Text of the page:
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Hybrid wars against Pakistan

Hybrid wars
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Saud Bin Ahsen |

War is the oldest of adventures of the human race since times that created human civilization. Although it has nothing to do with civility, yet it is fate accompli of all people, civilized or otherwise; either by choice, by design, or by an unavoidable sudden imperative that is imposed on a given set of people or nation. With the advancement in science and technology, passing through stone, bronze, iron, wheel, agriculture, and industrial ages, respectively, and now with the dawn of the era of knowledge economy, the war has witnessed equally deadly diversity in its ugly growth with ever increasing scale and scope of devastation and destruction.

Modern day world wars are not merely fighting battles by armies. These are the times when hybrid wars have become permanent feature of wars, with dimension of economic, trade, water (natural resources) including but not limited to, direct and proxy theatres that affect the capacity of a nation-state to maintain or attain professed objectives of its strategy, security, sovereignty, and existence. Thus, hybrid warfare can be defined as, “A conflict involving a combination of conventional (military), non-conventional (guerrillas, insurgents, terrorists), economic, trade/ media wars. It may include state/ non-state actors/ entities/ institutions/ organization, aimed at achieving a common political purpose.”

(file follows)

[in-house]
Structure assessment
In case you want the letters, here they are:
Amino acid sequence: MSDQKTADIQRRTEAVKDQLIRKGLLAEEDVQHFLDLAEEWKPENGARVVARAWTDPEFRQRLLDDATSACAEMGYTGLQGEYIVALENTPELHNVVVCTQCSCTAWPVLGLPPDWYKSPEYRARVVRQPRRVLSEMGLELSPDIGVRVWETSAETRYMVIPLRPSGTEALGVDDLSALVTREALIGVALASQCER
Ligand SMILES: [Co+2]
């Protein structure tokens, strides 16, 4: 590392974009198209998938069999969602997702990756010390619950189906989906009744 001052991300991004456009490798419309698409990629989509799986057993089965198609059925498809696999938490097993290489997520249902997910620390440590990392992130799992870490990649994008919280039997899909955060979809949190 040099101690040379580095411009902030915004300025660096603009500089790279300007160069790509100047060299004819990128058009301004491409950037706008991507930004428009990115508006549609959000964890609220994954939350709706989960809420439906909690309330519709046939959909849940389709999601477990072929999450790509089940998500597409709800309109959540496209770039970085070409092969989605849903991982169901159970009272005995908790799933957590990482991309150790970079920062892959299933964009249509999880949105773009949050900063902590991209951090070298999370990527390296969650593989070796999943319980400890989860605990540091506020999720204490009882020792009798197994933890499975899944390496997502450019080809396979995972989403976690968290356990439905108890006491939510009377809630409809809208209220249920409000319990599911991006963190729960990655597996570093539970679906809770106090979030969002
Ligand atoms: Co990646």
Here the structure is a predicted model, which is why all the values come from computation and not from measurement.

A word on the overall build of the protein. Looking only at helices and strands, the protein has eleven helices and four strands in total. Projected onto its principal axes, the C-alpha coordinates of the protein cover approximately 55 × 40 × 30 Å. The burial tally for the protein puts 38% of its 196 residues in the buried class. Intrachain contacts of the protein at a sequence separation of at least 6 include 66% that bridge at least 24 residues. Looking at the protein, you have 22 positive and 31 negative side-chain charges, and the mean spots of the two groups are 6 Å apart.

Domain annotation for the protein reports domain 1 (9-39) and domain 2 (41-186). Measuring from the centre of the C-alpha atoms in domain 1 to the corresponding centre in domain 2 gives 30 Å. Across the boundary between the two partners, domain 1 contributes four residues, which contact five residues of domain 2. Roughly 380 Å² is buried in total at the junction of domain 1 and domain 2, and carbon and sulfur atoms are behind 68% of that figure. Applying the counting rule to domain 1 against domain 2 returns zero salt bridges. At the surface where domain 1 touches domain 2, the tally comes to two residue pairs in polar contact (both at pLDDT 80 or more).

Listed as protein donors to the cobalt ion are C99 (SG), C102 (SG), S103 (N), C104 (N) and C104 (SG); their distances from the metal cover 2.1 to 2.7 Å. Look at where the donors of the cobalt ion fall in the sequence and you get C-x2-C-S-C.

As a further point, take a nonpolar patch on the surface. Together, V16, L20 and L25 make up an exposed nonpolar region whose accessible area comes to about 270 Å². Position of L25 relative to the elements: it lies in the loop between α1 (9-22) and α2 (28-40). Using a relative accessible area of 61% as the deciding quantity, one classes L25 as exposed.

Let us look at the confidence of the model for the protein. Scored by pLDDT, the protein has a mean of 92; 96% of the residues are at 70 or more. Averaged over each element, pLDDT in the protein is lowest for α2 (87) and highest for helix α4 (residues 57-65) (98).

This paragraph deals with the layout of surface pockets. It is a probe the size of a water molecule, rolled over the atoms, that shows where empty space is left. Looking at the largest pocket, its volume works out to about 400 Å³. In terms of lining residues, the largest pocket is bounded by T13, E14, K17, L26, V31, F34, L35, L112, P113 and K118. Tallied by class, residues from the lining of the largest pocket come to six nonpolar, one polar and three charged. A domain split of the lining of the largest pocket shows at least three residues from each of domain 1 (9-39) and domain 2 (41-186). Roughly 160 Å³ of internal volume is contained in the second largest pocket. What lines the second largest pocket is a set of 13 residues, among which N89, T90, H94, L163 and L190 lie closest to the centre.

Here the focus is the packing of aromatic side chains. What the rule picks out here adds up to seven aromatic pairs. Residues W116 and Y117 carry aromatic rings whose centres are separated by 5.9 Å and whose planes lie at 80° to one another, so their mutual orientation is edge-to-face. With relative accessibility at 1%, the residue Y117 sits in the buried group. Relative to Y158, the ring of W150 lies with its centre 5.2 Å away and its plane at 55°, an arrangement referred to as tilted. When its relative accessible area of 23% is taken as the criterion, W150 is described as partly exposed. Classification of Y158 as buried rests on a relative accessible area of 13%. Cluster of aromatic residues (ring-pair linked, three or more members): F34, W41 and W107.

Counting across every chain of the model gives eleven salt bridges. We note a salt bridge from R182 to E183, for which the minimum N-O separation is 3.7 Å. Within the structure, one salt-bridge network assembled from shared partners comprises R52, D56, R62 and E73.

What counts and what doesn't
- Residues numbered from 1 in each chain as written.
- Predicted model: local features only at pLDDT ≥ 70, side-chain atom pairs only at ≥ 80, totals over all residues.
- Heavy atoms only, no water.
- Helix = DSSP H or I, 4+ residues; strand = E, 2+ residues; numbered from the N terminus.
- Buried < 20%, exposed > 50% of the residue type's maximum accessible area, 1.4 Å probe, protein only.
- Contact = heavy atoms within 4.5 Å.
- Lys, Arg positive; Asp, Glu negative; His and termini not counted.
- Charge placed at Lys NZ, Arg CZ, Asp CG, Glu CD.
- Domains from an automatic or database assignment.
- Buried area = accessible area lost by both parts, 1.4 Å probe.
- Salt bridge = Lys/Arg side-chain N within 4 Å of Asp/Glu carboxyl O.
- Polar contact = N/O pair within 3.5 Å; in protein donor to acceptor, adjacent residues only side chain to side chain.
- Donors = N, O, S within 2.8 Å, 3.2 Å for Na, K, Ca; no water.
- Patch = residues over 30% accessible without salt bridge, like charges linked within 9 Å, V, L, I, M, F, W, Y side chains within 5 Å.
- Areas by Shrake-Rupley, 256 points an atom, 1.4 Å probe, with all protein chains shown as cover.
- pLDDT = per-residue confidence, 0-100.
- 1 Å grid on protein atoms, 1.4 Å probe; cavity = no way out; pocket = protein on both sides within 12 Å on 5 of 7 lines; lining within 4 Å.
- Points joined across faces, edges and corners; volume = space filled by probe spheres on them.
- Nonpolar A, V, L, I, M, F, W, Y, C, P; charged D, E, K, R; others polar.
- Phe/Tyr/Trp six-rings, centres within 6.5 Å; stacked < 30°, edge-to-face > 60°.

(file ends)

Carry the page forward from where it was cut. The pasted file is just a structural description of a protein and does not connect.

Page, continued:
Hence, developing an institutional mechanism to keep on calibrating and generating response as per changing situations and challenges is a pre-requisite to counter the hybrid war being faced by Pakistan.

Hybrid threats, writes Frank Hoffman, blend the lethality of state conflict with the fanatical and protracted fervour of irregular warfare. Hybrid forces amplify their otherwise limited power and extend the conflict in both time and space thereby providing a chance to win a protracted contest of wills when they could not otherwise achieve a conventional military victory. While regular military conducts conventional operations against enemy armed forces, irregular forces strive to attain control over the population.

To a certain extent, all war includes a battle of narratives i.e. which side possesses the moral high ground or can convince the people of the justice of its cause. By bringing the population into the conflict, hybrid warfare highlights the significance of perceptions. Although wartime propaganda is a time-honoured tradition as far back as the ancient world, modern communication systems such as the Internet, social media, satellite television, and radio radically amplify the transmission rate of propaganda and public information. Insurgents realize that military actions are but a supplement to the information war, by which they try to sway perceptions of both their own people and enemy’s population.